Such people will draw others to themselves. Their own ease and grace will make it possible for those who are present to also be at ease with them. They will lead but not control. They will be wise but not arrogant. Because they are comfortable in themselves, they will allow us to be comfortable too. When we come away from being with such a person we will say, “wasn’t it a pleasure to meet him/her?”
Jesus found himself in a hostile situation where he knew he was being watched and tested. Every question he was asked was a bomb, primed to explode in his face if he said the wrong thing. The way we see him respond – comfortable, confident, self-assured, yet not aggressive or defensive or arrogant allows us to see behind the words of the Gospel to the person who spoke them. We, as Pope Francis might say, are allowing ourselves to have a “personal encounter with Jesus Christ.
Of course there is a danger here too, and it is that of over-interpreting a word or phrase or Gospel scene, making too much of it, seeing in it things which may not be there at all. Isn’t the danger of fundamentalism that we take every individual word or action of Jesus as equally important and equally ‘true’ and thereby lose perspective and distort the essential underlying truths of Jesus’ life?
If what we read today is an isolated incident in Jesus’ life, we might well be advised to be cautious. But far from being an isolated incident, this shrewd, yet gentle, self-confidence is seen again and again in Jesus’ words and actions. When he healed on the Sabbath, or when his disciples picked ears of corn on the Sabbath, he was well aware what he was doing and of the criticism that would follow. It didn’t stop him. His inner conviction and ease with himself meant he could carry on, neither being aggressive or apologetic, but calmly self-assured.
I have read many learned articles over the years which surmise that maybe Jesus entered Jerusalem on that first Palm Sunday, unaware of the seriousness of what was going on around him and oblivious to the threats he faced or the very real possibility that he might die. For me, the idea that Jesus walked blindly or innocently into his own death flies in the face of all we know of him in the Gospels. We can never fully know what he felt would happen but, while the ‘agony in the garden’ shows us that he didn’t want to die, it is equally clear that he had some inner conviction that all of his Mission was leading to this moment, and he was confident that whatever happened was what God was asking of him.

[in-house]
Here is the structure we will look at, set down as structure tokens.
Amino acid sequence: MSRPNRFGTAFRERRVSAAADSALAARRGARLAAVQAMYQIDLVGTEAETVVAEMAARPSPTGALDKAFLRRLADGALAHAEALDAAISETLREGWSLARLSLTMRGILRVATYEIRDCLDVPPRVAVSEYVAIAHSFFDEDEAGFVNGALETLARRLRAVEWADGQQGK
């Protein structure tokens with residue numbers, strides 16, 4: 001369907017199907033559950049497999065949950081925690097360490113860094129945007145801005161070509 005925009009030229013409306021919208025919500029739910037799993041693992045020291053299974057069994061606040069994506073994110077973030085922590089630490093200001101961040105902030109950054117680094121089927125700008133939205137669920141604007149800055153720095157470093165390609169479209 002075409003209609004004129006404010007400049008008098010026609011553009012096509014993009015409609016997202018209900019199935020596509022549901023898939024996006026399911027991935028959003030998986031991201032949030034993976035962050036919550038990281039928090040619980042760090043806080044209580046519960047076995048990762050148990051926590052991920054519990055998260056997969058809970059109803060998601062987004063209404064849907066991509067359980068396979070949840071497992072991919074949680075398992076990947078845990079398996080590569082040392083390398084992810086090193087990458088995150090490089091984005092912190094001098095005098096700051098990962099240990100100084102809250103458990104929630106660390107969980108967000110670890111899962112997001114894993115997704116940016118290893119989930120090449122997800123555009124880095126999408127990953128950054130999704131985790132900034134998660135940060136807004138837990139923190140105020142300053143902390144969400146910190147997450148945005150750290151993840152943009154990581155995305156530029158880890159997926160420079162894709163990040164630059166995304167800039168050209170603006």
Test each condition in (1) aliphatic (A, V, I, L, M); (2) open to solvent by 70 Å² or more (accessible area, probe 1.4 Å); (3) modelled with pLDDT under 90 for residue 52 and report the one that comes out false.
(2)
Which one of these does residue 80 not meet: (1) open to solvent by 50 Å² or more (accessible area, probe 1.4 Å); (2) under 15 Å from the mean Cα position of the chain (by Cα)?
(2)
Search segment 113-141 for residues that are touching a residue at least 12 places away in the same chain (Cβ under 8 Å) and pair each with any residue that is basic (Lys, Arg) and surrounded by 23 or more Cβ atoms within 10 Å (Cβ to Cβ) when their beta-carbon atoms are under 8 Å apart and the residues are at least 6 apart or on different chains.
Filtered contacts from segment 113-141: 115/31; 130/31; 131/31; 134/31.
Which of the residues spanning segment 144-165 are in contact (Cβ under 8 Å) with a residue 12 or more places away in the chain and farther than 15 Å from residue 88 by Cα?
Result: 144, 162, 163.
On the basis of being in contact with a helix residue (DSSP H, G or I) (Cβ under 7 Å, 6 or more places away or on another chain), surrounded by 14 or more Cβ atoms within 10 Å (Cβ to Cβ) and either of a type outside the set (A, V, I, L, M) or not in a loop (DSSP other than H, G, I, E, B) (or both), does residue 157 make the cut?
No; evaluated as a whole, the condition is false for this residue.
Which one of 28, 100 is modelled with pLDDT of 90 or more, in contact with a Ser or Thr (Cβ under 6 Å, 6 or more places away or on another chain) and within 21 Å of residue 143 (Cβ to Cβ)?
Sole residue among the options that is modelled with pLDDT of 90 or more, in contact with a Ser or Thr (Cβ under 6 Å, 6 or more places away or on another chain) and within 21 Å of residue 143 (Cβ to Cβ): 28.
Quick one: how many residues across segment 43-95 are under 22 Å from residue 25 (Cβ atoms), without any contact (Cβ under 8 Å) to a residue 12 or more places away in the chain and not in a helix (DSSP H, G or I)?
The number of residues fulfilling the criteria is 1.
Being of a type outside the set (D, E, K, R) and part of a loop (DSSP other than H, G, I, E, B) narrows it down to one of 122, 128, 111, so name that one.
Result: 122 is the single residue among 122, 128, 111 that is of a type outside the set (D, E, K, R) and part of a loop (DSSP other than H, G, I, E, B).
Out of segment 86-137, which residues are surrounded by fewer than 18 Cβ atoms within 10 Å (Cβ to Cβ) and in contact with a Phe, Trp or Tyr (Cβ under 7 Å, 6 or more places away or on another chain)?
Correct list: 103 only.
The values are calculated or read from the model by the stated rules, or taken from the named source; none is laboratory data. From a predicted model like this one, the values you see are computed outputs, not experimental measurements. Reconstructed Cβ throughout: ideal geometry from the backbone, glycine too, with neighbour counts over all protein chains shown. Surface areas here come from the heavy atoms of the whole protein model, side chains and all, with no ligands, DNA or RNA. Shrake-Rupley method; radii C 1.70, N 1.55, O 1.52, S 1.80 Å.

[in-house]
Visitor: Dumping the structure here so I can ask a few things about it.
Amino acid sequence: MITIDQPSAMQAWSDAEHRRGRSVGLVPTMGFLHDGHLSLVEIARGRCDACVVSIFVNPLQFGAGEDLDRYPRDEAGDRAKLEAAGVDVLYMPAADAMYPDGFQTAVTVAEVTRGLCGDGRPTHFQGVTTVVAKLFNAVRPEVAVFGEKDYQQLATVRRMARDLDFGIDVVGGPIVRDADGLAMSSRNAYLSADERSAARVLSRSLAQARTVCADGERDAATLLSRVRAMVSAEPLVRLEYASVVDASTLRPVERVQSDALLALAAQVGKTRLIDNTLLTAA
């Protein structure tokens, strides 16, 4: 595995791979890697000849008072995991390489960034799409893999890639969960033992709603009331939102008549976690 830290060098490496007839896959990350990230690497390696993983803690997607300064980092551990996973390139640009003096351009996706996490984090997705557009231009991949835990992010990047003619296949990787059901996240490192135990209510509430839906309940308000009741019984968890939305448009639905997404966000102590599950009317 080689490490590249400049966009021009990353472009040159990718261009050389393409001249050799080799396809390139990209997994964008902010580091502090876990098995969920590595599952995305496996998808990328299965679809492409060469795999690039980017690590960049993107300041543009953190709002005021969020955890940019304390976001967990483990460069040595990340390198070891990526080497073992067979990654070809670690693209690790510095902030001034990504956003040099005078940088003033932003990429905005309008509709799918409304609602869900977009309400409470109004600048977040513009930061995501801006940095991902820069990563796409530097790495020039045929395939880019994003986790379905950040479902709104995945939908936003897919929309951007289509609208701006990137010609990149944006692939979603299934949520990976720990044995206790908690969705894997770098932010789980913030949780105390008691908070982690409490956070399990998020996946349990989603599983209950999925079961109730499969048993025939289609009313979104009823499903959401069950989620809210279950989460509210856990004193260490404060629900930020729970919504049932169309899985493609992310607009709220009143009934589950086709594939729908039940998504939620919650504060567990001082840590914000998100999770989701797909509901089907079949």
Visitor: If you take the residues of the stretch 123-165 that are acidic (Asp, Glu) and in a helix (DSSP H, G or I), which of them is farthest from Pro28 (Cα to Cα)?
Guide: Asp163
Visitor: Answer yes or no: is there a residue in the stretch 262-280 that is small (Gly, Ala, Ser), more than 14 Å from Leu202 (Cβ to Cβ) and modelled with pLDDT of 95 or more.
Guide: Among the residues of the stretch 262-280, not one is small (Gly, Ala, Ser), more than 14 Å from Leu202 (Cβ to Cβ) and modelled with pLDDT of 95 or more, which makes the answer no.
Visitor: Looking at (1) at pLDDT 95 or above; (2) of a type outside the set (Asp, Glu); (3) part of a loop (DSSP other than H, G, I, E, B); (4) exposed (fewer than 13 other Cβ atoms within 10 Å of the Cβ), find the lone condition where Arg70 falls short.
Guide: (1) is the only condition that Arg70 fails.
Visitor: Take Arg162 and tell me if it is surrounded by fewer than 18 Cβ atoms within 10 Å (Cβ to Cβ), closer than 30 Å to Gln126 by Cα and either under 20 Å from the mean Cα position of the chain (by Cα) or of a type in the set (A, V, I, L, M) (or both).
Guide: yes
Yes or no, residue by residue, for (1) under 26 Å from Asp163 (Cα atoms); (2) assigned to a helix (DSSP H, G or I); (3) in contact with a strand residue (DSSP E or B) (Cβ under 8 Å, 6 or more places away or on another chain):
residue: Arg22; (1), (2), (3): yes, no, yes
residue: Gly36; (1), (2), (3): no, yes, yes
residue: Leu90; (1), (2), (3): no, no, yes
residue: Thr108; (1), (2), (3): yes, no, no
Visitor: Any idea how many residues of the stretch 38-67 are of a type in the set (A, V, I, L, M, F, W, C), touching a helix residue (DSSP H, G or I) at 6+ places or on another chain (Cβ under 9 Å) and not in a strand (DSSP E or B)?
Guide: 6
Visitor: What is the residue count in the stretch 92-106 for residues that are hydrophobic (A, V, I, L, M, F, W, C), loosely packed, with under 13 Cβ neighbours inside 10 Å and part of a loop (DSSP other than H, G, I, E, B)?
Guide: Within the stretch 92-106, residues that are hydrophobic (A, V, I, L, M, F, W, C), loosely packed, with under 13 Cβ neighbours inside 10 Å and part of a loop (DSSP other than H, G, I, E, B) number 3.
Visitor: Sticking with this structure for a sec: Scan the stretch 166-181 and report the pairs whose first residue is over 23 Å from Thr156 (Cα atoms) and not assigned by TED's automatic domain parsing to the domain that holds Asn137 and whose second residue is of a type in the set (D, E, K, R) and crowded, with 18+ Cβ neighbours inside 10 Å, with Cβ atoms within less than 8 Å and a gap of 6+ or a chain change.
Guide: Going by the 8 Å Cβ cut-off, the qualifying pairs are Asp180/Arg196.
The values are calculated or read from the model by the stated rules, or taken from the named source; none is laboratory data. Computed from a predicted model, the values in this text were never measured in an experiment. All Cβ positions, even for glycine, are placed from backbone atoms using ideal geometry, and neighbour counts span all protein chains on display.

You see, the small phrases we so easily overlook in the Gospels and the tiny clues we get as to the person of Jesus, can be so easily dismissed as unimportant and irrelevant. But together, and in a prayerful way, they guide us to the man who walked those trails and pathways, and who changed the path of history as no man has ever done before or since.
When Pope Francis issued that invitation to us, he did so in an urgent way. The invitation was to “all Christians, everywhere, at this very moment…” He means us to recognise just how important this “personal encounter” really is.
Isn’t it interesting that St. Paul’s conversation on the road to Damascus was the result of a ‘personal encounter’ he had with Jesus.’ Much later, he declared that everything he said and did came from that encounter. “Last of all, as to one untimely born, he appeared also to me….”
It is the mystery of Easter, the Death and Resurrection of Jesus that makes a ‘personal encounter’ with him possible. He is not dead but alive. Just as he encountered Paul on the road to Damascus and the two disciples on the road to Emmaus, he longs and waits to encounter us in the same way.
And we needn’t be afraid. The calm, gentle, comfortable man of the Gospels, confident and self-assured is not going to leave us. When we are ready, when the time is right, we can and we will encounter him.
“…and they watched him closely.”
Isn’t it amazing how far five little words can take us?
|Gospel Sunday August 28th 2022||Luke 14:1,7-14 ©|
Everyone who exalts himself shall be humbled
If you have any comments, questions or thoughts on this scripture reflection, please feel welcome to email me at email@example.com
- Click to share on Twitter (Opens in new window)
- Click to share on Facebook (Opens in new window)
- Click to share on WhatsApp (Opens in new window)
- Click to email a link to a friend (Opens in new window)
- Click to print (Opens in new window)
- Click to share on Tumblr (Opens in new window)
- Click to share on Pinterest (Opens in new window)
- Click to share on Pocket (Opens in new window)
- Click to share on Reddit (Opens in new window)
Gospel Reflection for Sunday December 1oth 2023 | Second Sunday of Advent...
Gospel Reflection for Sunday December 3rd 2023 | First Sunday of Advent...
Gospel Reflection for Sunday November 26th 2023 | Feast of Christ the...
Gospel Reflection for Sunday November 19th 2023 | 33nd Sunday in Ordinary...
Gospel Reflection for Sunday November 12th 2023 | 32nd Sunday in Ordinary...
The Gospel today contains, I think, an insight into a quality of...